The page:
“It is clear that suicide is a serious problem among college students,” says Shelley O'Connell, executive director of UNI Health and Recreation Services. “In the spring of 2017, UNI administered the American College Health Association National Collegiate Health Assessment to a random sample of 5,000 students. Of the 1,274 students who completed the survey, 8.9 percent reported that they had seriously considered suicide during the previous 12 months.”
To bring awareness to the mental health needs of students, UNI received a more than $300,000 grant from the Department of Health and Human Services to support the “Building Capacity and Culture of Care at UNI” project. The university will receive $102,000 each year for three years.
“The Garrett Lee Smith Suicide Prevention grant will not only provide awareness of the help available to students at the University of Northern Iowa, but it will also help us to foster partnerships within the campus and local community,” said O'Connell.
“Our campus deeply cares about each student, and we are committed to making a difference by learning how to recognize the signs of suicide, how to have conversations about mental health and suicide concerns, and by becoming aware of the resources available and seeking help when needed. The grant funding allows UNI to implement a plan to engage the whole university community in our suicide prevention efforts, which include students, faculty, staff and parents,” said O'Connell.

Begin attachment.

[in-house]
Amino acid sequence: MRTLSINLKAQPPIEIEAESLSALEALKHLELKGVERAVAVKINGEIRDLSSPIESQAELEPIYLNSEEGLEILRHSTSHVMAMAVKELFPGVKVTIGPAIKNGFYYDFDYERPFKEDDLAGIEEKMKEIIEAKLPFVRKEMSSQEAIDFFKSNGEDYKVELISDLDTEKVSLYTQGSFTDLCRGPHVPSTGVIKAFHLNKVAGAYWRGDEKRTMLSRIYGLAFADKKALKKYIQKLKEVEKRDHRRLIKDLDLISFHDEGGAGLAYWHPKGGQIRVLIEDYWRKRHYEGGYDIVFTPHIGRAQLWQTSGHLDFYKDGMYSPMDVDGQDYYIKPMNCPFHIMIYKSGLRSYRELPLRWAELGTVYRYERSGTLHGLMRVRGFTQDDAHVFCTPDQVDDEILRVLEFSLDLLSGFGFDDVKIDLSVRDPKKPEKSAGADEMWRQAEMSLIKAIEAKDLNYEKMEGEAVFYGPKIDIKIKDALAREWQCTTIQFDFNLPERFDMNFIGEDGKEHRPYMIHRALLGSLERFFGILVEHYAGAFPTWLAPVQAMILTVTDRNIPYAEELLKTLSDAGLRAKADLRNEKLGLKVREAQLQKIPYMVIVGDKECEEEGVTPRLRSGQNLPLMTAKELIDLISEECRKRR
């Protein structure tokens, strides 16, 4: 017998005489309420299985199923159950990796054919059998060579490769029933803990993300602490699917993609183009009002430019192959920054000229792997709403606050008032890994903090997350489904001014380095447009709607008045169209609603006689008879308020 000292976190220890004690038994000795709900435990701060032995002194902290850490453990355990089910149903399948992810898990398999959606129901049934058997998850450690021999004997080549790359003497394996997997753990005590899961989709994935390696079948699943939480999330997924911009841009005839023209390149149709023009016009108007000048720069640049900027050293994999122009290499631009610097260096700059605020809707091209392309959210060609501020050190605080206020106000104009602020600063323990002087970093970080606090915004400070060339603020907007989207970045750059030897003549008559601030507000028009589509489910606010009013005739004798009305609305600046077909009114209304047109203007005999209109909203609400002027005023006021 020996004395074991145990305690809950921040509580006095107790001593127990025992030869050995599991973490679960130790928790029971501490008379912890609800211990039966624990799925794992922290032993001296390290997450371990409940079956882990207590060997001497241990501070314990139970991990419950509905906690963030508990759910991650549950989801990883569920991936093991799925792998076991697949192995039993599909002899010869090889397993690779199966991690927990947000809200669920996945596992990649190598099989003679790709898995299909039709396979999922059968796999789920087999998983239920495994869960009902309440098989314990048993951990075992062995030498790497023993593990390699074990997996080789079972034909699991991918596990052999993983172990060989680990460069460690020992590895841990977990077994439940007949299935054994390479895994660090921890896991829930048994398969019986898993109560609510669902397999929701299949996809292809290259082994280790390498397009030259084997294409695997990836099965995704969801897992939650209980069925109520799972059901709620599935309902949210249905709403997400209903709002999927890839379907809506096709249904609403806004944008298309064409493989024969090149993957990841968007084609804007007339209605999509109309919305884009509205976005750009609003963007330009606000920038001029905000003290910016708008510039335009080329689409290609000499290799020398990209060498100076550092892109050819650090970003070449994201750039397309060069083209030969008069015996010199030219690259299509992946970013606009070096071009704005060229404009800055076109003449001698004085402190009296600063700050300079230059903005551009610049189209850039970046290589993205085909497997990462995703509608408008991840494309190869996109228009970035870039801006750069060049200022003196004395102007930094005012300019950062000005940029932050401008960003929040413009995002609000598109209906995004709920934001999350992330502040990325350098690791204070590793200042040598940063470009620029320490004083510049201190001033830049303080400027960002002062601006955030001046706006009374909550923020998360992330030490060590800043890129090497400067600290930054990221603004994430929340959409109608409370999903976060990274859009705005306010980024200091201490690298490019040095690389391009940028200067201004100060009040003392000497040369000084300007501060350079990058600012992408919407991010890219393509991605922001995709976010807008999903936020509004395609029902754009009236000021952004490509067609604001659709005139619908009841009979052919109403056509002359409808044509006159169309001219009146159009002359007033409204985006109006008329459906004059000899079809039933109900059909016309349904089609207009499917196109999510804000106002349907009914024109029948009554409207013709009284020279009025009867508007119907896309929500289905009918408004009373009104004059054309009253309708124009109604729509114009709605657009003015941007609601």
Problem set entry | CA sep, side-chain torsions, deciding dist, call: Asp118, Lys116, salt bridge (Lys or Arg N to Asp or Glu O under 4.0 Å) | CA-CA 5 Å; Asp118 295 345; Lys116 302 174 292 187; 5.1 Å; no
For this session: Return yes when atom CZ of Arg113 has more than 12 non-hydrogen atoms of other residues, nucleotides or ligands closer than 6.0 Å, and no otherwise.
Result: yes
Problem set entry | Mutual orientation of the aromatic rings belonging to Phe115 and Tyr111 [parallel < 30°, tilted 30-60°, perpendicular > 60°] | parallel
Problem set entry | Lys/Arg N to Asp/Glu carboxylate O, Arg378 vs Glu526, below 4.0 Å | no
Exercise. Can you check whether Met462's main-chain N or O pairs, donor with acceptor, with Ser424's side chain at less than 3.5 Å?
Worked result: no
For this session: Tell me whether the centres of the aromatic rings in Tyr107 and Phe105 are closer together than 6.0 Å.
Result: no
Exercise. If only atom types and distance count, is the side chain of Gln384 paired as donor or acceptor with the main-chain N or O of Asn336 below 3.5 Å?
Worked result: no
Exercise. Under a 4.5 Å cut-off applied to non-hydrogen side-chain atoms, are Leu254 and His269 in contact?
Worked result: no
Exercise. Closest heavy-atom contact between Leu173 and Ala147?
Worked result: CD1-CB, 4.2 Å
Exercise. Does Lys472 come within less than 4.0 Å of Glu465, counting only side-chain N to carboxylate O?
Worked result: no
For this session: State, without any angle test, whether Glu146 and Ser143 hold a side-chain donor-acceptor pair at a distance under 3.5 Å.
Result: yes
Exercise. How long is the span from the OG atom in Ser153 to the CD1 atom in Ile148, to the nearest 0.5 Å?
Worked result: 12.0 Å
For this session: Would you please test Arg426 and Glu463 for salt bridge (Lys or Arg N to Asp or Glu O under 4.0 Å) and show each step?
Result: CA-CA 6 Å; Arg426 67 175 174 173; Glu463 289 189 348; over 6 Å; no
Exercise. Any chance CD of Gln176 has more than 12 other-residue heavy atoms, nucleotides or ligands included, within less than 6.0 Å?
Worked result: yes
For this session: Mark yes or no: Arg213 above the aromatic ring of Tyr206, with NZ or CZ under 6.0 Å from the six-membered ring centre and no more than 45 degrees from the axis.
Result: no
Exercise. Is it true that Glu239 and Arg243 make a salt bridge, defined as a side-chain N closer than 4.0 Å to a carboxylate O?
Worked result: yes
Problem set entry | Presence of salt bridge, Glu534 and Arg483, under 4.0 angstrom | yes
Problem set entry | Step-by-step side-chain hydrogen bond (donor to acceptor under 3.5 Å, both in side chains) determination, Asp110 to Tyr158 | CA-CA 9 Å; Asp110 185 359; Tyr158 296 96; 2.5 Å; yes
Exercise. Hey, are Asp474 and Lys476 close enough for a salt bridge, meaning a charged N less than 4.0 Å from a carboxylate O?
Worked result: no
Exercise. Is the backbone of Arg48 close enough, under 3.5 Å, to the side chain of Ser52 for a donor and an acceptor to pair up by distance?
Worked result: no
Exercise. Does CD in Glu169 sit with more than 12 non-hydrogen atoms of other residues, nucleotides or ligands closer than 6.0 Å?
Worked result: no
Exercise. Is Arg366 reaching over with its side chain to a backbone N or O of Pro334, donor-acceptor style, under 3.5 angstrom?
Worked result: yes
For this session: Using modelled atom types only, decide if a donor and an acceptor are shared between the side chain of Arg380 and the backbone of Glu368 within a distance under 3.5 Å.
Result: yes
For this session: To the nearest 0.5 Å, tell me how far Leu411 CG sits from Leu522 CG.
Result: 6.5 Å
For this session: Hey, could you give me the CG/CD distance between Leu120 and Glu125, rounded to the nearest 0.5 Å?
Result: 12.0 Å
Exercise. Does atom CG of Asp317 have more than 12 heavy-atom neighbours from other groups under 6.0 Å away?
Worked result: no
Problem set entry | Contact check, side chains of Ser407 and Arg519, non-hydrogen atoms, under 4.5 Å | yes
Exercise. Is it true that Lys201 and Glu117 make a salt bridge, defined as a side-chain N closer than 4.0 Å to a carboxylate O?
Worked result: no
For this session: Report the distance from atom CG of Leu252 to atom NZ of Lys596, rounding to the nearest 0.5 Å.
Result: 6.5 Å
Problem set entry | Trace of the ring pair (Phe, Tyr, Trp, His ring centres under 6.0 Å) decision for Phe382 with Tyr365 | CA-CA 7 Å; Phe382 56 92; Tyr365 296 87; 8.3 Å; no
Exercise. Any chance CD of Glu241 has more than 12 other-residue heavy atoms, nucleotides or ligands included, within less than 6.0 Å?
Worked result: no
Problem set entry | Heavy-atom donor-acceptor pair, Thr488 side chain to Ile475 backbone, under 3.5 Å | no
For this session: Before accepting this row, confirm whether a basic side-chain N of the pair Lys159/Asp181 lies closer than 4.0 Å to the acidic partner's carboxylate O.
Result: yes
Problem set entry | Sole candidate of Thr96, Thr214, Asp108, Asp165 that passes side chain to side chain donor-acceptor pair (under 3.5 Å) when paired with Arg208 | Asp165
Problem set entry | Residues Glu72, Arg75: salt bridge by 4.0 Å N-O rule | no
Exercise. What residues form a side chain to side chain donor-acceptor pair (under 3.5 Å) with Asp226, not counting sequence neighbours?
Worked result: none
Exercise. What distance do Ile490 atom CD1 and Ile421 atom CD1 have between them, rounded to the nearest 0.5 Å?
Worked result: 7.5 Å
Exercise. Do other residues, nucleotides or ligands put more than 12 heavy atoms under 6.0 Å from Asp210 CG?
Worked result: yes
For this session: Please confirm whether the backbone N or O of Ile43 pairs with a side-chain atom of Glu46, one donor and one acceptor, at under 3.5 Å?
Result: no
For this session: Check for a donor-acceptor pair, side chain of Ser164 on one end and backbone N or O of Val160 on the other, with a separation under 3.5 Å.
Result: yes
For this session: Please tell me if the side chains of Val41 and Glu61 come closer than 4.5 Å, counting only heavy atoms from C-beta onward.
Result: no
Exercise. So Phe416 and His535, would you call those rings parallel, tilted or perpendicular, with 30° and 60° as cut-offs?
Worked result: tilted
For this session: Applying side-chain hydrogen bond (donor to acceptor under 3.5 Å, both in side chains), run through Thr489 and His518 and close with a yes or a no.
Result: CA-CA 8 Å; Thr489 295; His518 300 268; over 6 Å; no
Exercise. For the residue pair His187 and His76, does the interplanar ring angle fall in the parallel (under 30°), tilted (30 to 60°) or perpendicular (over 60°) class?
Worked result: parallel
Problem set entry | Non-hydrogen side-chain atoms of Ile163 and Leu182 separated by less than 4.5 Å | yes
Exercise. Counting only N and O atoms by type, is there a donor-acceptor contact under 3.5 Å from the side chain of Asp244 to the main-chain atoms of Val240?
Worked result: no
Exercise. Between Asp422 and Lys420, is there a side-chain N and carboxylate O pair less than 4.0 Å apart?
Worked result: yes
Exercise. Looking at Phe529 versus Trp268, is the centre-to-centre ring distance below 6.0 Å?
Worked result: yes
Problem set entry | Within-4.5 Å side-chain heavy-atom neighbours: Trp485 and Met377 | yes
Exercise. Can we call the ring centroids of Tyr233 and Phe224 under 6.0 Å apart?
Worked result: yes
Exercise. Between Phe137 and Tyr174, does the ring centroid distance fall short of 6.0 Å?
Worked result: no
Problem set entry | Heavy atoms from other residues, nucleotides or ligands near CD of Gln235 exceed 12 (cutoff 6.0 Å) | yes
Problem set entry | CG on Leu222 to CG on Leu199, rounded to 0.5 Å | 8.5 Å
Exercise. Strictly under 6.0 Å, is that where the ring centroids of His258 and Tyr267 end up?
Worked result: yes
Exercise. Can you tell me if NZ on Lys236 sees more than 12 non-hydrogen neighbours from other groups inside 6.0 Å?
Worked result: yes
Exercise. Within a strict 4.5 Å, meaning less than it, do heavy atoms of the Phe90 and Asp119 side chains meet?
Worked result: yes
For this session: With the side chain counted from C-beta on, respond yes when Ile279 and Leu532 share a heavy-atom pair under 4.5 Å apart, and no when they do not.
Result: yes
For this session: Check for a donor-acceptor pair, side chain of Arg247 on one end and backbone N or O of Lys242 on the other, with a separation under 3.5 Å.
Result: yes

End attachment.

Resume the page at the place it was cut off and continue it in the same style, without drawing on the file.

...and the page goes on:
The goals of the “Building Capacity and Culture of Care at UNI” project are to:
- Build collaborations by developing a networking infrastructure with campus and community partners to deliver the message of shared responsibility in suicide prevention
- Increase the training available to students, faculty and staff, and develop and increase educational seminars and availability of information materials for the campus community
- Foster an environment of help-seeking by raising awareness to reduce the negative attitudes and perceptions toward help-seeking for mental health and substance abuse disorders while encouraging and educating on help-seeking behavior
- Increase awareness on help resources, such as the National Suicide Prevention lifeline, to both students and their families. UNI's capacity building effort will create a structured and fluid institutional suicide prevention and crisis response plan with effective suicide and postvention protocols, provide training to student services staff, faculty, students and general staff, and create outreach efforts, including culturally and linguistically targeted resources to reach a minimum 7,000 students, families, staff and faculty